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EMPLOYMENT AND SPENDING: EXPECTATIONS AND BEHAVIOR

This survey was carried out 27 – 28 June 2020 with a representative sample of all Russian urban and rural residents. The sample was comprised of 1608 people aged 18 or older. The survey was conducted by means of computer-assisted telephone interviews (CATI) through random digit dialing (RDD) of mobile and landline numbers. The statistical error for this study does not exceed 2.4%. The answer distribution is presented as percentages of the total number of respondents.

In June 2020, negative expectations regarding employment eased relative to April. However, a number of trends on the labor market remained: nearly a third of respondents still mentioned pay cuts, and a quarter of respondents mentioned layoffs. The only aspect which has improved slightly is the timeliness of payments. A smaller number of respondents mentioned delayed pay (this may be a result of utilizing government support programs). 

Table 1. Employment Expectations

DO YOU OR A MEMBER OF YOUR HOUSEHOLD CURRENTLY EXPECT ANY OF THE FOLLOWING: (one answer; as a percentage of respondents whose households contain at least one working individual))

Delayed pay Reduced pay Firings or layoffs
N=1517 N=1527 N=1456 N=1527 N=1517 N=1527
April 2020 June 2020 April 2020 June 2020 April 2020 June 2020
This is already happening 25 18 32 31 26 26
This could happen in the coming weeks 5 2 6 2 6 3
This could happen in the coming months 11 11 14 12 15 14
I do not think this will happen in the near future 50 59 40 45 47 49
It is difficult to say 9 11 8 10 7 8

Respondents were also asked about changes in their families’ financial situations over the past three months. Nearly half of respondents stated that their situation was “unchanged” (49%), while 42% noted that their situation had worsened, and only 8% stated that it had improved. 

Table 2. Evaluating Financial Standing

HOW HAS YOUR FAMILY’S FINANCIAL SITUATION CHANGED OVER THE PAST THREE MONTHS? (one answer)

June 2020
It has mostly improved 8
It has remained the same 49
It has mostly worsened 42
It is difficult to say <1

This question is included in Consumer Sentiment Index (CSI) surveys, but those surveys are based on the 12-month period. This time, we purposefully changed the formulation to “three months” due to rapid changes in the economy and labor market caused by the coronavirus pandemic.

HOW HAS YOUR FAMILY’S FINANCIAL SITUATION CHANGED IN THE PAST YEAR? (from CSI)

 

 

July 18 July 19 Jan 20 Mar 20
It has improved 14 16 15 11
It has remained the same 51 49 55 52
It has worsened 35 34 30 37
It is difficult to say 1 1 <1 1

Table 3. Finance and Spending Strategies

WHICH OF THE FOLLOWING ACTIONS HAVE YOU PERSONALLY TAKEN IN THE PAST THREE MONTHS? (one answer)

Have you made an effort to spend less or save? Have you used previous savings in order to satisfy current needs? Have you borrowed money from friends, relatives, or acquaintances? Have you taken out a loan or opened a line of credit?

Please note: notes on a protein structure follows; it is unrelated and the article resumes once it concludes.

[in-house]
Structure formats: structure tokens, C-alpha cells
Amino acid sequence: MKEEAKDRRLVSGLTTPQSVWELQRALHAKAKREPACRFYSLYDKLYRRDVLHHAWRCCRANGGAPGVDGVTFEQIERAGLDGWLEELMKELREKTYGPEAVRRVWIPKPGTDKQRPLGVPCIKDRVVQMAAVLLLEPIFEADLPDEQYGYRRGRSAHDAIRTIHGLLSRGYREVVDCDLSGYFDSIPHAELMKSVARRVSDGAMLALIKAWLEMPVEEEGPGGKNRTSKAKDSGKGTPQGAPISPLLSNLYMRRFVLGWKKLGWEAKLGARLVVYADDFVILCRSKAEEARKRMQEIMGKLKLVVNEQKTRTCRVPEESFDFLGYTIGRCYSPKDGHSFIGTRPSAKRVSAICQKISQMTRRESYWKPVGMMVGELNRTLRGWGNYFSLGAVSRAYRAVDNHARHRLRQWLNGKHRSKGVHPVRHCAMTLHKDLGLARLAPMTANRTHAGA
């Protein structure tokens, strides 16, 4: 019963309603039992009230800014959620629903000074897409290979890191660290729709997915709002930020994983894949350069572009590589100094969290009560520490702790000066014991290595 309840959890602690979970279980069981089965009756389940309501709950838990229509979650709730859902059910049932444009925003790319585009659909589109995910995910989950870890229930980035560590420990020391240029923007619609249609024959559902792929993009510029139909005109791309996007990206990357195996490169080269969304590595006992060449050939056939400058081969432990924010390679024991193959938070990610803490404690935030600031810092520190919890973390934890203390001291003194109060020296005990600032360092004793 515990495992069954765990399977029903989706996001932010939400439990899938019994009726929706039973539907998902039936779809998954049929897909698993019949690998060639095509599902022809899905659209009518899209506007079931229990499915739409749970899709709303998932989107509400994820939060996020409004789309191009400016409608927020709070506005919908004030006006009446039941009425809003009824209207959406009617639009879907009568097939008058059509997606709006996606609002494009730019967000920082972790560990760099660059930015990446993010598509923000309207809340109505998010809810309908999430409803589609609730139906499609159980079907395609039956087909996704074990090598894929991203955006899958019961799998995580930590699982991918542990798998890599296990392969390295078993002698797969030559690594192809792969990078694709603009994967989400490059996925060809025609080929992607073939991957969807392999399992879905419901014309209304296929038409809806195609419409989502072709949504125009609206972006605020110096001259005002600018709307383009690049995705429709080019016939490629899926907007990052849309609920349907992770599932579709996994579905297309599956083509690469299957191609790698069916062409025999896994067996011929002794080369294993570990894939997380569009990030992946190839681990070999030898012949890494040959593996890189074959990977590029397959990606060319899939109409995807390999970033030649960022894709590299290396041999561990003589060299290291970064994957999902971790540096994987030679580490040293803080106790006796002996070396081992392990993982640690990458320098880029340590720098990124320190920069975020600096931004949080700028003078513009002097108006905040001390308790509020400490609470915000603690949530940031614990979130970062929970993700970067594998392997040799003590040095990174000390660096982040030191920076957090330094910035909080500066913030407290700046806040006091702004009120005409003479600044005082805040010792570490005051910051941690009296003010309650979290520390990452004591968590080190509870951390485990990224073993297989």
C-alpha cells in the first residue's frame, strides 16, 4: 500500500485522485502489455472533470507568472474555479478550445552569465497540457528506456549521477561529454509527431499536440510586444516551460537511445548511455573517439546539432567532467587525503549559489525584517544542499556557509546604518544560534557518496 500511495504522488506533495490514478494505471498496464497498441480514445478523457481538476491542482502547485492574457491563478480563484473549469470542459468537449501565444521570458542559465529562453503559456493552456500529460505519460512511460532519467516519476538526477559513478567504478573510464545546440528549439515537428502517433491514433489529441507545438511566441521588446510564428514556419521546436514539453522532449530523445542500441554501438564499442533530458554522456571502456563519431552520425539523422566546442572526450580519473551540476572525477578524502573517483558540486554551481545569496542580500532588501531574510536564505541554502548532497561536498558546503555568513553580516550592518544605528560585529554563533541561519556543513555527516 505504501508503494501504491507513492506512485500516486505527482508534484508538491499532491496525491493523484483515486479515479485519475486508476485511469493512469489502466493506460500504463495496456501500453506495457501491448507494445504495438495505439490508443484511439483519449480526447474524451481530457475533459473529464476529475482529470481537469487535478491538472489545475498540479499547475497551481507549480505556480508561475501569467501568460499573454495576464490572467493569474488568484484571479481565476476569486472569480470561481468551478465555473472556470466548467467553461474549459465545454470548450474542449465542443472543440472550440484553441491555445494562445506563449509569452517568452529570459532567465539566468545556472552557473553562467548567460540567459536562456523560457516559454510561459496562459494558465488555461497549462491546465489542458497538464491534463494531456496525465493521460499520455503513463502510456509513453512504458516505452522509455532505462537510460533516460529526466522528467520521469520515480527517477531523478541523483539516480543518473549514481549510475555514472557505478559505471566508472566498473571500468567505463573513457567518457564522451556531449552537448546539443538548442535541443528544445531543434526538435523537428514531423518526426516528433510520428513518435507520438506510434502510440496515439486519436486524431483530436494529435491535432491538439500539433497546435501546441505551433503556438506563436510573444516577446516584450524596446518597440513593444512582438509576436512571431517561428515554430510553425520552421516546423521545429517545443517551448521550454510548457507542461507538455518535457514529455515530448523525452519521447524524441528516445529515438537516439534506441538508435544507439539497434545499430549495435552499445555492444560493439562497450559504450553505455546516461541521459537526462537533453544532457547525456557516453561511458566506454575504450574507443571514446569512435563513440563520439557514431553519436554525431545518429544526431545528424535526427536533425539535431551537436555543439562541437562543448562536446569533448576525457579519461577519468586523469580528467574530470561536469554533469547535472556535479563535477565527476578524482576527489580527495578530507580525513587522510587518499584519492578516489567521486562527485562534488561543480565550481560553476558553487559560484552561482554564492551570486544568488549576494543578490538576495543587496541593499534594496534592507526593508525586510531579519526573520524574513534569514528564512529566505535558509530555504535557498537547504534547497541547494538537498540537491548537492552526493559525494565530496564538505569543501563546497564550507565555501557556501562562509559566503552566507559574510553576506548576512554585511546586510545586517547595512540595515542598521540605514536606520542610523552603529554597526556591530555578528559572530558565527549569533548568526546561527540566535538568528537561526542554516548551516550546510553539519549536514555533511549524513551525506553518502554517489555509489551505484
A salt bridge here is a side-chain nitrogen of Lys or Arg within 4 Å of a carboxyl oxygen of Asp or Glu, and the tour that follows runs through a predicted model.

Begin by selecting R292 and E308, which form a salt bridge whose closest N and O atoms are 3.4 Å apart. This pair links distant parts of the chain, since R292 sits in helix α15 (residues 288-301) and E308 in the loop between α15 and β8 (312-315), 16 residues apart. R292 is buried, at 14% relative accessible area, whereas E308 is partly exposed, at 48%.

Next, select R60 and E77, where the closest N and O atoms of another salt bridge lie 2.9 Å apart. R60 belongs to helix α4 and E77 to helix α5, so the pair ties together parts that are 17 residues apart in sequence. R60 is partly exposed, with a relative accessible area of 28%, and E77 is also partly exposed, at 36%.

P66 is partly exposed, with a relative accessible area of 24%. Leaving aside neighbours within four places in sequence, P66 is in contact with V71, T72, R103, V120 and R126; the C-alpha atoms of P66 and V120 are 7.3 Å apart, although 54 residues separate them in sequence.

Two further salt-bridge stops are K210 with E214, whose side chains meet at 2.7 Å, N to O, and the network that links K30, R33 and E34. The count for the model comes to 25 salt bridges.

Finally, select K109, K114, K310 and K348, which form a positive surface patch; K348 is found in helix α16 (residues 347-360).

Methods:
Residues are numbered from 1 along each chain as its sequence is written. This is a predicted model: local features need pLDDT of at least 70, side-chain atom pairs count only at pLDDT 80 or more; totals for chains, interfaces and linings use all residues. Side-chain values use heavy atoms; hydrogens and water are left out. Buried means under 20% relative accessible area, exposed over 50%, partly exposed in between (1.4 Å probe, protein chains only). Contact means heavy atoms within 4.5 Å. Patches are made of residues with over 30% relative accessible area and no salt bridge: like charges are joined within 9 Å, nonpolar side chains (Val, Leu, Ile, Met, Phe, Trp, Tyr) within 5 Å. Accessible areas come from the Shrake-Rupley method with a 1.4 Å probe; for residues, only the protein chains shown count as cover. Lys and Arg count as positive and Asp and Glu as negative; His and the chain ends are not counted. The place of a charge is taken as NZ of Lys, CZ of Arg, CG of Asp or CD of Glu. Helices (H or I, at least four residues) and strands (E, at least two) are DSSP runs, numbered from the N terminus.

Yes 71 52 26 18
No 27 45 74 82
It is difficult to say 1 3 <1 <1

The study also included questions about finance and spending strategies over the past three months. 3% of survey participants have taken all four actions (this is people in the worst financial situation): saving, spending, borrowing, and taking out loans or opening lines of credit. 44% of respondents have gotten by on their own means, attempting to spend less and draw upon their own savings. Nearly one tenth (6%) of respondents have asked for financial help from relatives, acquaintances or banks.

Table 4

June 2020
Taken all four actions: saved, used savings, borrowed or taken out loans 3
Saved or used savings 44
Borrowed money or taken out a loan 6

Among respondents who noted that their financial standing had worsened in the past three months, 87% began to save, 65% began to spend their savings, 33% borrowed money, and 20% took out loans. Respondents whose financial situation remained the same or indicated an improvement, nevertheless, also took action to adapt to current changes in the economy.

Table 5. Finance and Spending Strategies by Financial Standing Assessment

It has mostly improved It has remained the same It has mostly worsened.
N=132 N=801 N=682
Started spending less, saving – YES 63 60 87
Used previous savings to satisfy current needs – YES 55 42 65
Borrowed money from relatives, friends, acquaintances – YES 29 20 33
Taken out a loan or opened a line of credit – YES 22 15 20

Respondents with average incomes below 15,000 rubles changed finance or spending strategies more frequently, saving, spending savings, borrowing money or taking out loans.

Table 6. Answer Distribution by Average Income*

Average Income
up to 15,000 Rubles
Average Income
over 15,000 Rubles
N=1079 N=439
Started spending less, saving – YES 76 59
Used previous savings to satisfy current needs – YES 55 45
Borrowed money from relatives, friends, acquaintances – YES 30 18
Taken out a loan or opened a line of credit – YES 21 13

* In the table, we divided the total sample into two groups based on the median personal income calculated in previous studies. In this survey, questions about income were answered using intervals instead of values, which did not allow us to calculate median income. The scale for responses included seven intervals, a mean value was calculated for each interval and divided by the number of members in the household. In the table, we consolidated the scale into two categories: up to and over 15,000 rubles (knowing that this value was the median found in previous studies).

Translated by Middlebury Institute of International Studies at Monterey (formerly Monterey Institute of International Studies).

The ANO Levada Center has been included in the registry of non-commercial organizations acting as foreign agents. Read the Director of the Levada Center’s statement of disagreement with this decision here.